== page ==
Part of a series on 
Numeral systems 

List of numeral systems 
The system of ancient Egyptian numerals was used in Ancient Egypt from around 3000 B.C.^{[1]} until the early first millennium A.D.. It was a system of numeration based on multiples of ten, often rounded off to the higher power, written in hieroglyphs. The Egyptians had no concept of a positional notation such as the decimal system.^{[2]} The hieratic form of numerals stressed an exact finite series notation, ciphered onetoone onto the Egyptian alphabet.^{[citation needed]}
The following hieroglyphs were used to denote powers of ten:
Value  1  10  100  1,000  10,000  100,000  1 million, or many  

Hieroglyph 






 
Gardiner's sign list ID  Z1  V20  V1  M12  D50  I8  C11  
Description  Single stroke  Cattle hobble  Coil of rope  Water lily (also called lotus) 
Bent finger  Tadpole  Heh^{[3]} 
Multiples of these values were expressed by repeating the symbol as many times as needed. For instance, a stone carving from Karnak shows the number 4,622 as:

Egyptian hieroglyphs could be written in both directions (and even vertically). In this example the symbols decrease in value from top to bottom and from left to right. On the original stone carving, it is righttoleft, and the signs are thus reversed.^{[citation needed]}
nfr 
heart with trachea beautiful, pleasant, good 


By 1740 BCE, the Egyptians had a symbol for zero in accounting texts. The symbol nfr (𓄤), meaning beautiful, was also used to indicate the base level in drawings of tombs and pyramids and distances were measured relative to the base line as being above or below this line.^{[4]}
Main article: Egyptian fraction 
Rational numbers could also be expressed, but only as sums of unit fractions, i.e., sums of reciprocals of positive integers, except for 2⁄3 and 3⁄4. The hieroglyph indicating a fraction looked like a mouth, which meant "part":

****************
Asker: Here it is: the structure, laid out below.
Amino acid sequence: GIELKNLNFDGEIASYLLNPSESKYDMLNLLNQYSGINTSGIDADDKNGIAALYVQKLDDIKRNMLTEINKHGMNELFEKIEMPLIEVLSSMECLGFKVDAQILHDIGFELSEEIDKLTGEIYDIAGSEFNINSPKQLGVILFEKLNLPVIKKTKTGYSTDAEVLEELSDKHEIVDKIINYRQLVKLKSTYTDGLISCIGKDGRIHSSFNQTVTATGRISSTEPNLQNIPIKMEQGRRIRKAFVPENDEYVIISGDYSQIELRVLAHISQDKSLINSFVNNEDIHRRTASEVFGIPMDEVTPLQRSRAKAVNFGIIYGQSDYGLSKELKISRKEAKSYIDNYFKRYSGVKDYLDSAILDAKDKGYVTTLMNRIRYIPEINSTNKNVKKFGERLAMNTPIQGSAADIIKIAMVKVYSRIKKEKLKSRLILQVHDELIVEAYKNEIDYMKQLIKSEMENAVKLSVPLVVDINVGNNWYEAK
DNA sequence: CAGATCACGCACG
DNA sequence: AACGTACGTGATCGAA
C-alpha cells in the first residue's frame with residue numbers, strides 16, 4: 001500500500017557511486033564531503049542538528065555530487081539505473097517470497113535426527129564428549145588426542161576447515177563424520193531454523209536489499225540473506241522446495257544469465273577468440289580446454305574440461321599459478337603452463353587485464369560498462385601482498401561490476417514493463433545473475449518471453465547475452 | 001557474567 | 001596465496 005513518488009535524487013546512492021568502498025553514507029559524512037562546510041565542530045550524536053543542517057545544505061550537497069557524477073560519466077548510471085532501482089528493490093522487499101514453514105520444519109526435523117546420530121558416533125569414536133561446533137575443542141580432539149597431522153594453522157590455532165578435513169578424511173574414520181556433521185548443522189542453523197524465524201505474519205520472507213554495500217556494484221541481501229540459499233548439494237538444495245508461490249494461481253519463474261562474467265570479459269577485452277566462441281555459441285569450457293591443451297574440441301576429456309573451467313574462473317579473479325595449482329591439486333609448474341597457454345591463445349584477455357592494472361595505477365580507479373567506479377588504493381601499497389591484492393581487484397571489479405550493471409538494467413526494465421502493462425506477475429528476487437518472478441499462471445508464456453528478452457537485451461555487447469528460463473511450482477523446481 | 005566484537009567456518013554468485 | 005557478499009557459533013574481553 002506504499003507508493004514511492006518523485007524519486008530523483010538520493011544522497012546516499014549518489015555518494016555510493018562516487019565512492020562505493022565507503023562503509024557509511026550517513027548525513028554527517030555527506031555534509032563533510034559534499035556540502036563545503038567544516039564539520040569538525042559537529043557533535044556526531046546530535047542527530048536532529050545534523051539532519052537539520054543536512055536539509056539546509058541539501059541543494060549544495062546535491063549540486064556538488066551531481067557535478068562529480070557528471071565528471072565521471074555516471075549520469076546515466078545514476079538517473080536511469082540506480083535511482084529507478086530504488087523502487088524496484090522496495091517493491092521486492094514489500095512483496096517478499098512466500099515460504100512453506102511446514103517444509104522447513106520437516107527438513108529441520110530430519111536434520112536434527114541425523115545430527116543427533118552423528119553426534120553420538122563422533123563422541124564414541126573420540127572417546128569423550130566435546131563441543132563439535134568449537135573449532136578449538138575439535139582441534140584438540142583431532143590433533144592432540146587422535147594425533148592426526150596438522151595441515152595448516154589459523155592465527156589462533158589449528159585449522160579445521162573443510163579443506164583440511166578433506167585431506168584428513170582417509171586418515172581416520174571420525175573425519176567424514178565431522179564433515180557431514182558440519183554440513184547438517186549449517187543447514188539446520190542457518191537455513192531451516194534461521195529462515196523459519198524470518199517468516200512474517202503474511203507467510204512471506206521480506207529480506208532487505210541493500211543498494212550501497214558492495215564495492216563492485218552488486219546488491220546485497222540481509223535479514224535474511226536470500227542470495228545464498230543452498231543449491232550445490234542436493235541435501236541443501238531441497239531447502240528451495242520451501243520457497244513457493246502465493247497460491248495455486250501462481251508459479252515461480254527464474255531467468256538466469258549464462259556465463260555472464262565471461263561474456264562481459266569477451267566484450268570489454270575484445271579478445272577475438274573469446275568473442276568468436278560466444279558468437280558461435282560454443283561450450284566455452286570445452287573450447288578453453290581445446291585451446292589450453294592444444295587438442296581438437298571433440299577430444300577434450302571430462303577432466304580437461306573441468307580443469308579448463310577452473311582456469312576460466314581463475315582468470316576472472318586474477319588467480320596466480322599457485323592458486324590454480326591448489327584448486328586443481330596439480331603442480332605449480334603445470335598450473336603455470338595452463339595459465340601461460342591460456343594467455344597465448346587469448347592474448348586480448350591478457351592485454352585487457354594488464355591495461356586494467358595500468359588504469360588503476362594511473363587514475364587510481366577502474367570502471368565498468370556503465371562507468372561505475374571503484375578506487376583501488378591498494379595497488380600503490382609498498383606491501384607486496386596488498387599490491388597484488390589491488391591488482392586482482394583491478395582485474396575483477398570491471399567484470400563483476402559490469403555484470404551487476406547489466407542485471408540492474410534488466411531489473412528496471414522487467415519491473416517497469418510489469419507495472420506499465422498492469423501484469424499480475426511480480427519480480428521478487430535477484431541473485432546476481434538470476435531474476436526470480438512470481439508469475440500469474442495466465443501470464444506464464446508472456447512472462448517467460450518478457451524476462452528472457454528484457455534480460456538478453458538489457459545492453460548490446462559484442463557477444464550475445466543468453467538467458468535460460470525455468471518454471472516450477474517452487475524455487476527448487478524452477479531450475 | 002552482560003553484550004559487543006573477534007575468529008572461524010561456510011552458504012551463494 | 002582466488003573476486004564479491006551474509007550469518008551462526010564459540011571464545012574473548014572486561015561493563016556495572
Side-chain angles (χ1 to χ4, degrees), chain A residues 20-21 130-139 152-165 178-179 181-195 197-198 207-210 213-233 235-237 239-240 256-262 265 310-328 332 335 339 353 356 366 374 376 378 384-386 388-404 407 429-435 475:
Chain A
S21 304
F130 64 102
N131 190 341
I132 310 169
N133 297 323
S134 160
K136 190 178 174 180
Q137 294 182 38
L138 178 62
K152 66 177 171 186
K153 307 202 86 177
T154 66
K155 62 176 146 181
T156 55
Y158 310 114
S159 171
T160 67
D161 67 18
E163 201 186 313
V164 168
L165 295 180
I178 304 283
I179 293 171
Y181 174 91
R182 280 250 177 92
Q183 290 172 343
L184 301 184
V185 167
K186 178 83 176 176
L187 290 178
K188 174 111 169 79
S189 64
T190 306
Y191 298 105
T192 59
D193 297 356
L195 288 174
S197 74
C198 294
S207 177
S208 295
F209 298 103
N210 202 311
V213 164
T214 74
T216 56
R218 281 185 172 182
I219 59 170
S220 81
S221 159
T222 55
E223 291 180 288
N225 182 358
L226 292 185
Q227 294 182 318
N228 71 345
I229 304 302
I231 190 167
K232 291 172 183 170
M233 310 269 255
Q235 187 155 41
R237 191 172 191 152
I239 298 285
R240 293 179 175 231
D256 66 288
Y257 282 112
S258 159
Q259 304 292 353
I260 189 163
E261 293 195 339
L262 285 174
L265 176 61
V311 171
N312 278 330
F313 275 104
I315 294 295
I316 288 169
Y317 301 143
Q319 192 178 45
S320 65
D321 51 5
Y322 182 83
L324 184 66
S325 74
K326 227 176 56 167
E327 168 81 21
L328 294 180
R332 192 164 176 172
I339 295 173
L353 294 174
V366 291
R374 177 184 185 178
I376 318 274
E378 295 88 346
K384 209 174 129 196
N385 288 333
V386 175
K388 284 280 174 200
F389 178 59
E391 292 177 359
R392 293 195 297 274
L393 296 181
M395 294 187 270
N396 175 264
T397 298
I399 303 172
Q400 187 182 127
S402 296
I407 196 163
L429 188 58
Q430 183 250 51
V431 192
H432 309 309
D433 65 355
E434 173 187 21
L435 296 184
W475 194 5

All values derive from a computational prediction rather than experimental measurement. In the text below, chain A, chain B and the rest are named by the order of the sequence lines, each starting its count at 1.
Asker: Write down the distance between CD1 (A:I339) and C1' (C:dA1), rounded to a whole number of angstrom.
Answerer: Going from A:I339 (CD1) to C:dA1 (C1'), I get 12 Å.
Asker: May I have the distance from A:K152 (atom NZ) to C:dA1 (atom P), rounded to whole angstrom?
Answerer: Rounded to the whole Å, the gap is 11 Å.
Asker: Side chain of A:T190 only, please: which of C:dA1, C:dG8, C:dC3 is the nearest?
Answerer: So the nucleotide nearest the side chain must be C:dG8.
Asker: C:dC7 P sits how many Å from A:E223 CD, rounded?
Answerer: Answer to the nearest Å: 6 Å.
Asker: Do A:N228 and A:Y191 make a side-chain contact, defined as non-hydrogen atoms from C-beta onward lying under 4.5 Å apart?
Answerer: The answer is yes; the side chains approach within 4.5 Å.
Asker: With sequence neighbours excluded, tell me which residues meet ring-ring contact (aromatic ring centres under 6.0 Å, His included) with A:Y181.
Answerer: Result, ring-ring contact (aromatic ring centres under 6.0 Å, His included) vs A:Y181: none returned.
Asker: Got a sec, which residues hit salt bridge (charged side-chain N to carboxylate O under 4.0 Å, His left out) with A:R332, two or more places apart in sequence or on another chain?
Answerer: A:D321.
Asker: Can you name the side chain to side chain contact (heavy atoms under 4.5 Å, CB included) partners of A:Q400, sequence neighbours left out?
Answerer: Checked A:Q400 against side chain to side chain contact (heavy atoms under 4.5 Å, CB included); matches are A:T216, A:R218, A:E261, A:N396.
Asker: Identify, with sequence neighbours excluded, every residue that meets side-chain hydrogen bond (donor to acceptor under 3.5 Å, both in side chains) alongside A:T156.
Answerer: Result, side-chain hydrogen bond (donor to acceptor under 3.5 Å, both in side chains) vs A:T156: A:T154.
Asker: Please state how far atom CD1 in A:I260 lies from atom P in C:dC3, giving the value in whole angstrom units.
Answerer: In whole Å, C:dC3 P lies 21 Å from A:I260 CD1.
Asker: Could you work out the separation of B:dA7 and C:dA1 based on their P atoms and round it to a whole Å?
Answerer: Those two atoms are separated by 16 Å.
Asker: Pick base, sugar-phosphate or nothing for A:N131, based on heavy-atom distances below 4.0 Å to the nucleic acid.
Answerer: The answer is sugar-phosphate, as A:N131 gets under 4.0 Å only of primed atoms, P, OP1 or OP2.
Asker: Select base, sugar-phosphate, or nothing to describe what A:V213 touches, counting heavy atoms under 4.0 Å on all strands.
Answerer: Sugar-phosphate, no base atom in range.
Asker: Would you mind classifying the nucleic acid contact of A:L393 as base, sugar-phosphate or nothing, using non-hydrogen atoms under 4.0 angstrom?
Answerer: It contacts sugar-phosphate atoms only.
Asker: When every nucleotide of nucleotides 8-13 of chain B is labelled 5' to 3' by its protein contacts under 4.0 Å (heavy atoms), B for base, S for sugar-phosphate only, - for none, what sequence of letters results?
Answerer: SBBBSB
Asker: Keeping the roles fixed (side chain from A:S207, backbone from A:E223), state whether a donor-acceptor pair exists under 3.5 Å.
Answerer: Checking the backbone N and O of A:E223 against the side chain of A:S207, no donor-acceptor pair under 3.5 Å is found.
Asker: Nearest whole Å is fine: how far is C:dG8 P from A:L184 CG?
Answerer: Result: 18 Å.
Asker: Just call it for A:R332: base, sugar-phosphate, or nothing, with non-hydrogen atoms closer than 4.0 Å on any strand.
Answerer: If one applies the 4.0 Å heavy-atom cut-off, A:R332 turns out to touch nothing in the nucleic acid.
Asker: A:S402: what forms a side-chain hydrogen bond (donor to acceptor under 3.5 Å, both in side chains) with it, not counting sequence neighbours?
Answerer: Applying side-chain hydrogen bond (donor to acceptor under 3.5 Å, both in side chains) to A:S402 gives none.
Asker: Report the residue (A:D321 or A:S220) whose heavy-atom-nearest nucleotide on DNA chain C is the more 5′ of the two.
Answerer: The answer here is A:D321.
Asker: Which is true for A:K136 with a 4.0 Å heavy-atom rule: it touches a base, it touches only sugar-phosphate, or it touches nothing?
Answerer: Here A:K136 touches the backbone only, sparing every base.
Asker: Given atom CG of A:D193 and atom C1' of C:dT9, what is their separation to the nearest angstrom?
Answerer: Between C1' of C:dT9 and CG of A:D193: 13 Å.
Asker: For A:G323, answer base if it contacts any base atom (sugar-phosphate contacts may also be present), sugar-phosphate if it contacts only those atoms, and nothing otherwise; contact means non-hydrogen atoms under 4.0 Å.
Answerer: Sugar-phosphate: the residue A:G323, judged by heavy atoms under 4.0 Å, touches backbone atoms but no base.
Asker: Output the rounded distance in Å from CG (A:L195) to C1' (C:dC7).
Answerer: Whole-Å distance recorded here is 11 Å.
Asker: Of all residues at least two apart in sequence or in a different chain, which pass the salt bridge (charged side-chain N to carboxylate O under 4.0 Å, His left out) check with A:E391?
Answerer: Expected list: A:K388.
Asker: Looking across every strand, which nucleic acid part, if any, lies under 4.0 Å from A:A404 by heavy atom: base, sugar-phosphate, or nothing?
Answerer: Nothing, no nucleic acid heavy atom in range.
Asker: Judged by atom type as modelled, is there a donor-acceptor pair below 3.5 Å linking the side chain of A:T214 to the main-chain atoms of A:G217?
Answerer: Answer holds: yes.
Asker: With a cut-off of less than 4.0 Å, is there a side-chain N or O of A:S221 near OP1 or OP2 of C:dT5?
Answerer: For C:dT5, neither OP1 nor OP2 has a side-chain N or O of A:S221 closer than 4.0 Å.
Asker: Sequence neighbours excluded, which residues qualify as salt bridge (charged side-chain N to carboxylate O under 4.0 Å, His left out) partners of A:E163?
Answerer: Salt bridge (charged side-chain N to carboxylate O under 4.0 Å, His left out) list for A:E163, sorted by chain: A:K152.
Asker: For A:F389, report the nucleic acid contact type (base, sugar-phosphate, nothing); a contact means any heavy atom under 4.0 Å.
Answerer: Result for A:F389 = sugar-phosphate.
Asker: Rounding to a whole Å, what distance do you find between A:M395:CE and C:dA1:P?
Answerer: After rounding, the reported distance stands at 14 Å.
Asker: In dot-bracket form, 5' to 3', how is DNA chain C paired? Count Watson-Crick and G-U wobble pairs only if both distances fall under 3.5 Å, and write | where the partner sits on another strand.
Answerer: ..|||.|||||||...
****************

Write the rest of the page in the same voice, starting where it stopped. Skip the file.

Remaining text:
Fractions were written with this fractional solidus, i.e., the numerator 1, and the positive denominator below. Thus, 1⁄3 was written as:

Special symbols were used for 1⁄2 and for the nonunit fractions 2⁄3 and, less frequently, 3⁄4:



If the denominator became too large, the "mouth" was just placed over the beginning of the "denominator":

As with most modern day languages, the ancient Egyptian language could also write out numerals as words phonetically, just like one can write thirty instead of "30" in English. The word (thirty), for instance, was written as

while the numeral (30) was

This was, however, uncommon for most numbers other than one and two and the signs were used most of the time.^{[citation needed]}
As administrative and accounting texts were written on papyrus or ostraca, rather than being carved into hard stone (as were hieroglyphic texts), the vast majority of texts employing the Egyptian numeral system utilize the hieratic script. Instances of numerals written in hieratic can be found as far back as the Early Dynastic Period. The Old Kingdom Abusir Papyri are a particularly important corpus of texts that utilize hieratic numerals.^{[citation needed]}
Boyer proved 50 years ago^{[when?]} that hieratic script used a different numeral system, using individual signs for the numbers 1 to 9, multiples of 10 from 10 to 90, the hundreds from 100 to 900, and the thousands from 1000 to 9000. A large number like 9999 could thus be written with only four signs—combining the signs for 9000, 900, 90, and 9—as opposed to 36 hieroglyphs. Boyer saw the new hieratic numerals as ciphered, mapping one number onto one Egyptian letter for the first time in human history. Greeks adopted the new system, mapping their counting numbers onto two of their alphabets, the Doric and Ionian.^{[citation needed]}